Tales From an Old World
Fecha: 17.11.20 – 22.11.20
Museu d’Història de Catalunya
Aurélien Le Genissel
Curated by LOOP’s fair director Aurélien Le Genissel, the exhibition titled Tales from an Old World reflects on the meaning of approaching narratives and images that today seem taken from another time, the one before the pandemic. The exhibited works will draw a panorama of pre-Covid issues as seen by our new gazes and updated by our new concerns.
“What is an event? Everything that happens or occurs in the present, according to Paul Ricoeur. True as this may be, we could also say that an event is that which doesn’t leave the past intact. What is more, it is that which changes the former a posteriori, a kind of premonitory storytelling of the past that mingles revision and anticipation.
With a title that makes reference to the magnificent TV show Tales From the Loop, Tales From an Old World proposes an updated and contemporary (re)vision of the essential problems of an outdated world, the world before COVID-19, from a video art perspective. Not that it was outdated because the challenges aren’t the same. Nor because the world itself has changed. No. Quite the contrary. It is we who have changed. We have changed our way of seeing. Images no longer reveal the same things they did in February 2020. The artwork resonates in a different context; in the era of afterwards, a time of post-lockdown, of post-capitalism, of the (long-awaited but not yet-to-be-achieved) post-pandemic, full of deeper interpretations and sensibilities, of pressing needs and emotions renewed by the experience. From within this game-changing event, Tales From an Old World approaches images from a different period, investigating their new energies and prevailing questions.
Some of the selected videos, such as Cristina Lucas’ environmental urgency in The People That Is Missing (El Pueblo Que Falta), or the critique of mass consumption agriculture in Gerard Ortin’s Future Foods, burn the retina more than ever. Other videos, such as Boothworks by Cristina Garrido, intensify their stinging criticality in the way they address the saturation of the Art World or the incongruous notion of sovereignty held by states in a globalized era –a very vivid topic during the pandemic– at play in Vangjush Vellahu’s Fragments I.
Some of the images now seem to come from a different epoch: mythical, distant, somewhat scrambled -probably idealized-, like those adolescent and melancholic bodies that touch and coexist in Sylvain Couzinet-Jacques’ splendid Sub Rosa or the invisible forms, beautiful despite being imperceptible to the human eye (not all invisible things are dangerous…), from Sigurður Guðjónsson’s Enigma. However, we read all of these images through the prism of recent events, from the fictitious/fictionalized truth of a retrospective feeling.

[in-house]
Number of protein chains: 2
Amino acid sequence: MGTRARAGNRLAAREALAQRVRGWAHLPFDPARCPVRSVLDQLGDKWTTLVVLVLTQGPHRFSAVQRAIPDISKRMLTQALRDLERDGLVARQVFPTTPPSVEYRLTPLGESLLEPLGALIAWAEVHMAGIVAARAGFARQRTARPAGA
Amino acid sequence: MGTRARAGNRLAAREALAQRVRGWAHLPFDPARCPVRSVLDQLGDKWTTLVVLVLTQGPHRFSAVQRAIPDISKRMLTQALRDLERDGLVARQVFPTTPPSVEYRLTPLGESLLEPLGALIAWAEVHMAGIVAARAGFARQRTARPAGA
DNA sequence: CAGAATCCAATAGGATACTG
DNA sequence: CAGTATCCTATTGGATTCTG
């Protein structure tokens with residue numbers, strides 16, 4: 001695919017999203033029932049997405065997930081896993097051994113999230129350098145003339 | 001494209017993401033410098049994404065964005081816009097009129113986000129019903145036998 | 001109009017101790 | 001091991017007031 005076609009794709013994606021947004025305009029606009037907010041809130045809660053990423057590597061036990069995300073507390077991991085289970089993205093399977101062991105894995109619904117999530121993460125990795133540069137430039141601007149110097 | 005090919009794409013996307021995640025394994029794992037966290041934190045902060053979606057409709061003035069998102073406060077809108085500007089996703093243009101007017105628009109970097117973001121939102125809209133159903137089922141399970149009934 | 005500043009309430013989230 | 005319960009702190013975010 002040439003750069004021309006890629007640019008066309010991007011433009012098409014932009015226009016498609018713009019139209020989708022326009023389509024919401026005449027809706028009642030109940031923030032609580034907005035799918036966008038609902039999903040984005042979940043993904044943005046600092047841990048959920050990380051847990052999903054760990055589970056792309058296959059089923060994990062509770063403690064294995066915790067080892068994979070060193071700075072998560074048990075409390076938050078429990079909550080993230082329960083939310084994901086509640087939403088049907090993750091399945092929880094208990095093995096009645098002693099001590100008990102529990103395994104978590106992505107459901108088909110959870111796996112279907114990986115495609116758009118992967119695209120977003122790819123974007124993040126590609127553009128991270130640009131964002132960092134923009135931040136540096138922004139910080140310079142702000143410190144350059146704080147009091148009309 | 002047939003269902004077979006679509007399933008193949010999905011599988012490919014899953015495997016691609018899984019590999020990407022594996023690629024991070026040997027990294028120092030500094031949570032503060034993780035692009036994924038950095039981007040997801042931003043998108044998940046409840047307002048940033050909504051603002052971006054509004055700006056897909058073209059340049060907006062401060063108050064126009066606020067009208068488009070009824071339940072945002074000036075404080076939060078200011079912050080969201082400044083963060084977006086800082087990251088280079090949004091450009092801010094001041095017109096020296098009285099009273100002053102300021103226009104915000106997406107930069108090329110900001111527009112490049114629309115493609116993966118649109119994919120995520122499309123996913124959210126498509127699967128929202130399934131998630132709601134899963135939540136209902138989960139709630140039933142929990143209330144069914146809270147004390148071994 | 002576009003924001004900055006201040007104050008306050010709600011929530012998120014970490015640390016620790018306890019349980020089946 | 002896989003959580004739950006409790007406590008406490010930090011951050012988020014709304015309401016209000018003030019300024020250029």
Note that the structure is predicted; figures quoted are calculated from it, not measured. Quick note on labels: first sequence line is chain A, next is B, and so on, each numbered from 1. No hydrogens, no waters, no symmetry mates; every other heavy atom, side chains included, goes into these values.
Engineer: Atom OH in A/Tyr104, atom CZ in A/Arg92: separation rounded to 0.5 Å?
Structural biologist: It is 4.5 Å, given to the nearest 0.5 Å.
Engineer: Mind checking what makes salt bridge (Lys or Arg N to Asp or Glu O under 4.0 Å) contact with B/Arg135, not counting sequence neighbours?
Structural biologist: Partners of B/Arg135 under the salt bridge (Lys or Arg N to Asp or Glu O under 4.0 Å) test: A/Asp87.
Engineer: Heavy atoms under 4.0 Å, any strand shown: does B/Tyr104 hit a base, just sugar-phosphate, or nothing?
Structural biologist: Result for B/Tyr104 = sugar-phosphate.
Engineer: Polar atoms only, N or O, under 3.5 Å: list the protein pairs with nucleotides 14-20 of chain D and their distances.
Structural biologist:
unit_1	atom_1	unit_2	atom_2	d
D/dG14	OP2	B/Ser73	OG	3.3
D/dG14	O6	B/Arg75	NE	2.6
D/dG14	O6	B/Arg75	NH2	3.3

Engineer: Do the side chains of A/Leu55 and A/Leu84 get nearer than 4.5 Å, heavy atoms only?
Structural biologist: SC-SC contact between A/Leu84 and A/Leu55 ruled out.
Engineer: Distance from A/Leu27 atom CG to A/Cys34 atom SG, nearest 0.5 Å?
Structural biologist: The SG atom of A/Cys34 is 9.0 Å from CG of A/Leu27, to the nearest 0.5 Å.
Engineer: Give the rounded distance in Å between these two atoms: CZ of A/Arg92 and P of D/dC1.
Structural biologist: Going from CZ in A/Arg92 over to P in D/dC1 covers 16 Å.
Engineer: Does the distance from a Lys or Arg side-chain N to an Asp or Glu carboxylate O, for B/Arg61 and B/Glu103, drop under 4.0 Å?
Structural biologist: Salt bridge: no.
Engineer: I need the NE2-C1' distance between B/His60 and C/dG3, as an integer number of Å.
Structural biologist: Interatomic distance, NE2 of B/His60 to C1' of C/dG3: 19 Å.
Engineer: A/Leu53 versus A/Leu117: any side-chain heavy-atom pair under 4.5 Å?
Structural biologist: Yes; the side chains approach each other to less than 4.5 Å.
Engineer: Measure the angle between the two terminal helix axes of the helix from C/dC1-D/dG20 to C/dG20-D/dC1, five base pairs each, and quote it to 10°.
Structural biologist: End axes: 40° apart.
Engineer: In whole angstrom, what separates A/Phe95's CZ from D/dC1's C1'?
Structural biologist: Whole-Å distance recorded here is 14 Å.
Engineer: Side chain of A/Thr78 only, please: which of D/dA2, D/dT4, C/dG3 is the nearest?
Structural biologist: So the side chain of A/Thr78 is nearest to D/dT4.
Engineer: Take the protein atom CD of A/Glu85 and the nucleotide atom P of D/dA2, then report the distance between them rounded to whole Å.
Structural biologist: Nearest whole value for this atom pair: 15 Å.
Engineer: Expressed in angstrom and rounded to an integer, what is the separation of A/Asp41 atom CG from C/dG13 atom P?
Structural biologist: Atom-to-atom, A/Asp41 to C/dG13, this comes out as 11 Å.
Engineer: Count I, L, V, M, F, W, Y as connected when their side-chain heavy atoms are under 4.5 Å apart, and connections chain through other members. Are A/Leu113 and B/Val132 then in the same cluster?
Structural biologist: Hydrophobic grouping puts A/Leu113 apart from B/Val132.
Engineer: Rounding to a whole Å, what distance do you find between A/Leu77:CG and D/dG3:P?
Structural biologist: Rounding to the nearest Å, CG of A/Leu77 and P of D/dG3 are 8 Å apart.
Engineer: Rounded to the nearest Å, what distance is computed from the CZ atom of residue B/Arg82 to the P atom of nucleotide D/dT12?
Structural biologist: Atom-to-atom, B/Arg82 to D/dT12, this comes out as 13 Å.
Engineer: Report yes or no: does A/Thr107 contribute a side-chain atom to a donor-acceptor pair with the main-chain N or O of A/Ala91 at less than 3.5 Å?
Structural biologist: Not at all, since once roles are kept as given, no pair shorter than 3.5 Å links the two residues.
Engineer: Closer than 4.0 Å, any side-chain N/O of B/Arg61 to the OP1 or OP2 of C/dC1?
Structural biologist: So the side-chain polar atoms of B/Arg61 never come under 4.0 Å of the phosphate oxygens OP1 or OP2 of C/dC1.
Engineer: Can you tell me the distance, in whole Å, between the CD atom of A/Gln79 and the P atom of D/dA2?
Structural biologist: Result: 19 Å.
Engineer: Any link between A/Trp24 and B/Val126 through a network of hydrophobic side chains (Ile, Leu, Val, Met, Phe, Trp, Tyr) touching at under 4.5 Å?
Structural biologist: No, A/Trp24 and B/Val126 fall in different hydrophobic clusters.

In the past months, we have supported the weak with actions and gestures; applause and solidarity, caring for fragile bodies much like the protagonist of Lucia Papčová’s 24 hours and 35 years for Mariana. We have wandered through deserted spaces and abandoned squares, haunted by the echoes of the shadows of absent ghosts, where everything was reminiscent of the Limbo that Cao Guimarães tries to capture. And what about those distressing shots from Laurent Fiévet’s Tuesday, with well-known frames, familiar sentences, and strangely relatable routines, having somehow experienced what Jack Torrance himself underwent in an Overlook Hotel of our own?
In a way, these are new works if we agree with Borges when he writes that Pierre Menard’s and Cervantes’ Don Quixotes were the same but different. Some are, in fact, new productions like Quarantinetrains III: Rodalies by Miralda. Others seem hauntingly foreboding in their depiction of humanity’s Promethean hubris, such as Capucine Vever’s work, whose beautiful title (Et il fut accusé par ses contemporains d’impiété et d’arrogance pour avoir franchi les limits permises aux mortels) resonates restlessly with our current uncertainty. The same occurs with Urgente by Lia Chaia, whose concerning, neurotic reiteration lies halfway between a warning and a plea.
LOOP Fair 2020 takes the form of audiovisual murmurs that come to us from an old life, distorted echoes of a world that seems far away, tales from another time, from the state of affairs prior to the big event of 2020. Without knowing where we will go from here, we are certain that the forthcoming challenges already lurked within the pre-covid audiovisual works that we present today in this salon”.